By Boleslaw Szczesniak
PhD Dissertation, University of Ottawa, 1950
Introduction: This is a study of the life and achievements of the Franciscan, Benedict the Pole of Vratislavia, who was sent with an Apostolic mission by Pope Innocent 17 in 1245 to the Great Khan of the Mongols. He and Friar Giovanni de Piano Carpini, an Italian Minorite of wisdom and virtue constituted this mission. It was hoped that the two friars might establish peaceful relations with the Mongols and thus prevent a second invasion, believed to be imminent, by the Mongolian armies into Europe.
The journey started on April 16, 1245, from Lyons, where Innocent IV called the Council, Friars went from Poland via Halich and Kiev to the Mongol Khan Badu on the Volga River and from there to the Great Khan’s camp near Karakorum in Mongolia. They were received in solemn audience by Khakan (great Khan) Guiuk, presented their Papal letters, and, receiving his answer, returned to the Pope at lyons in November, 1247. They brought back with them significant intelligence regarding the Mongols and a description of the countries through which they had traveled.
Scholars who have been interested in the historical journey of the Apostolic ambassadors and in the discovery of the Northern continental route to the Far East have dwelt on the question relating to Friar John of Piano Carpini, Benedict’s participation in the achievements of the mission and his life has been neglected. This neglect may be ascribed to the emphasis put on Friar John’s role and to the paucity of source material regarding Friar Benedict. The present author has attempted through an exploration of Polish-Latin and Slavonic sources to (a) bring out from historical obscurity the person of Friar Benedict, (b) demonstrate his contribution to the work of the Papal mission to Mongolia, and (c) establish his co-authorship in the report which became the first historical and geographical document of value for the study of an unknown part of the world and of an Asiatic nation. Another purpose of this study is to reveal that the Friars had fulfilled on their way to Mongolia another significant mission which has been overlooked. This is the successful negotiations between the Schismatic principality of Halich-Vladimir and the Roman Catholic Church. The negotiations resulted in a union with Rome which lasted from 1246 to 1256, This union was furthered by the Polish monarch and the princes who were close relatives of the Dukes of Volynia and Halishia, Prince Daniel and Wasilko. During the sojourn and conferences of the mission in Poland and Halich, Benedict played a prominent role as an expert on the Polish-Ruthenian question involved in the Union.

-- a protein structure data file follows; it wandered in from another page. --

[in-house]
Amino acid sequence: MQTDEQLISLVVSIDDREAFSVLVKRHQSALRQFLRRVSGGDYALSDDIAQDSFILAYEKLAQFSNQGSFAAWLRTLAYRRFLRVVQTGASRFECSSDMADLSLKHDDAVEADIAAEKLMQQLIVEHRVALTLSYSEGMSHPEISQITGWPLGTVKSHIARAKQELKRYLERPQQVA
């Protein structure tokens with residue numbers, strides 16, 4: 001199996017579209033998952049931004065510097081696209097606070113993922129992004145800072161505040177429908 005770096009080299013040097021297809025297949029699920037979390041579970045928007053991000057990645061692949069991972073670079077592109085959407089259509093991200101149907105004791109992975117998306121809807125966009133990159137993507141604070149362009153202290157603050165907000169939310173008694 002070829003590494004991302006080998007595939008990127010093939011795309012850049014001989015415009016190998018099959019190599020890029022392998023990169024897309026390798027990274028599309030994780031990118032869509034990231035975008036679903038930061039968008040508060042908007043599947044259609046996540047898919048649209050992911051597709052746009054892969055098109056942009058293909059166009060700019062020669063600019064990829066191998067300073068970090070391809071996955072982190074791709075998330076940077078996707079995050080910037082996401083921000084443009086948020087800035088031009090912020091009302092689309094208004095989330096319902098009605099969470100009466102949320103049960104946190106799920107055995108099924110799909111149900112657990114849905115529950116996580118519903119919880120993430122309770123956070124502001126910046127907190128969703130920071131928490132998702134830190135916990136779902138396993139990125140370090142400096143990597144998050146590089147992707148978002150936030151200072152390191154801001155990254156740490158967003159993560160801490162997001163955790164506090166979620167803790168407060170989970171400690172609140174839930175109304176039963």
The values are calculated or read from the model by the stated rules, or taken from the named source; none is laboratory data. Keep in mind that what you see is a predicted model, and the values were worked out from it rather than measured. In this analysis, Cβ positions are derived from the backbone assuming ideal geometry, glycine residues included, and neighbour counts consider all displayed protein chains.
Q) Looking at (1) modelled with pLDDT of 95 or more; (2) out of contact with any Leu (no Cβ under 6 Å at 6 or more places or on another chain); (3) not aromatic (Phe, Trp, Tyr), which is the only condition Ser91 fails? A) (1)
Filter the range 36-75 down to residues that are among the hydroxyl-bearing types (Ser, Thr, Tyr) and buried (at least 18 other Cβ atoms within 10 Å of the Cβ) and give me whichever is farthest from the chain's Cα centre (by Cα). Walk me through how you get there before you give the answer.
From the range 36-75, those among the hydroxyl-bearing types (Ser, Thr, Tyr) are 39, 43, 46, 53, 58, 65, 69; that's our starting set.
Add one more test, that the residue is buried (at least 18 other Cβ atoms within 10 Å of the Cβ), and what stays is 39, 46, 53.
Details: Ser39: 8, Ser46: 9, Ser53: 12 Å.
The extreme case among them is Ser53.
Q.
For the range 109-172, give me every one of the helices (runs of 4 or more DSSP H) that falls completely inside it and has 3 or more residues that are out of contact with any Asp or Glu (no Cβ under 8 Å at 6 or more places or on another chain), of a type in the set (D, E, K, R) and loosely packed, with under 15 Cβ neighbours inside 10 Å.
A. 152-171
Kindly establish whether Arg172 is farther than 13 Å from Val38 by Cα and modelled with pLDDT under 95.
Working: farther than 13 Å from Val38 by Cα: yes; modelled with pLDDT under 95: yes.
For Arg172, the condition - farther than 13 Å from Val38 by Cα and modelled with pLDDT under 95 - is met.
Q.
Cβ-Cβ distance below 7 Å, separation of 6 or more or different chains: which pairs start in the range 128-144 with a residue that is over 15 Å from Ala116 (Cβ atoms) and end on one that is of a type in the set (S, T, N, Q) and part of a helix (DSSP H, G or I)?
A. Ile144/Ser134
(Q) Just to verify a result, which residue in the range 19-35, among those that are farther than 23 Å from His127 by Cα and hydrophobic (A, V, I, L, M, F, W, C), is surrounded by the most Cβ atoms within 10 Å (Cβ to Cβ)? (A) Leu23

For a comprehensive study of Benedict’s works, it seemed advisable to translate into Polish the Narrative of their travel to Mongolia, Relatio Fratris Benedicti Poloni, from the Latin text. It was collated from the MS Colbert of the Bibliotheque Nationale, Paris, and from the MS Vindobonensis of the Orterreichische Nationalbibliothek, Wien. This is the first Polish translation of the Narrative, just as the dissertation itself is the first attempt to evaluate the work and life of Friar Benedict the Pole.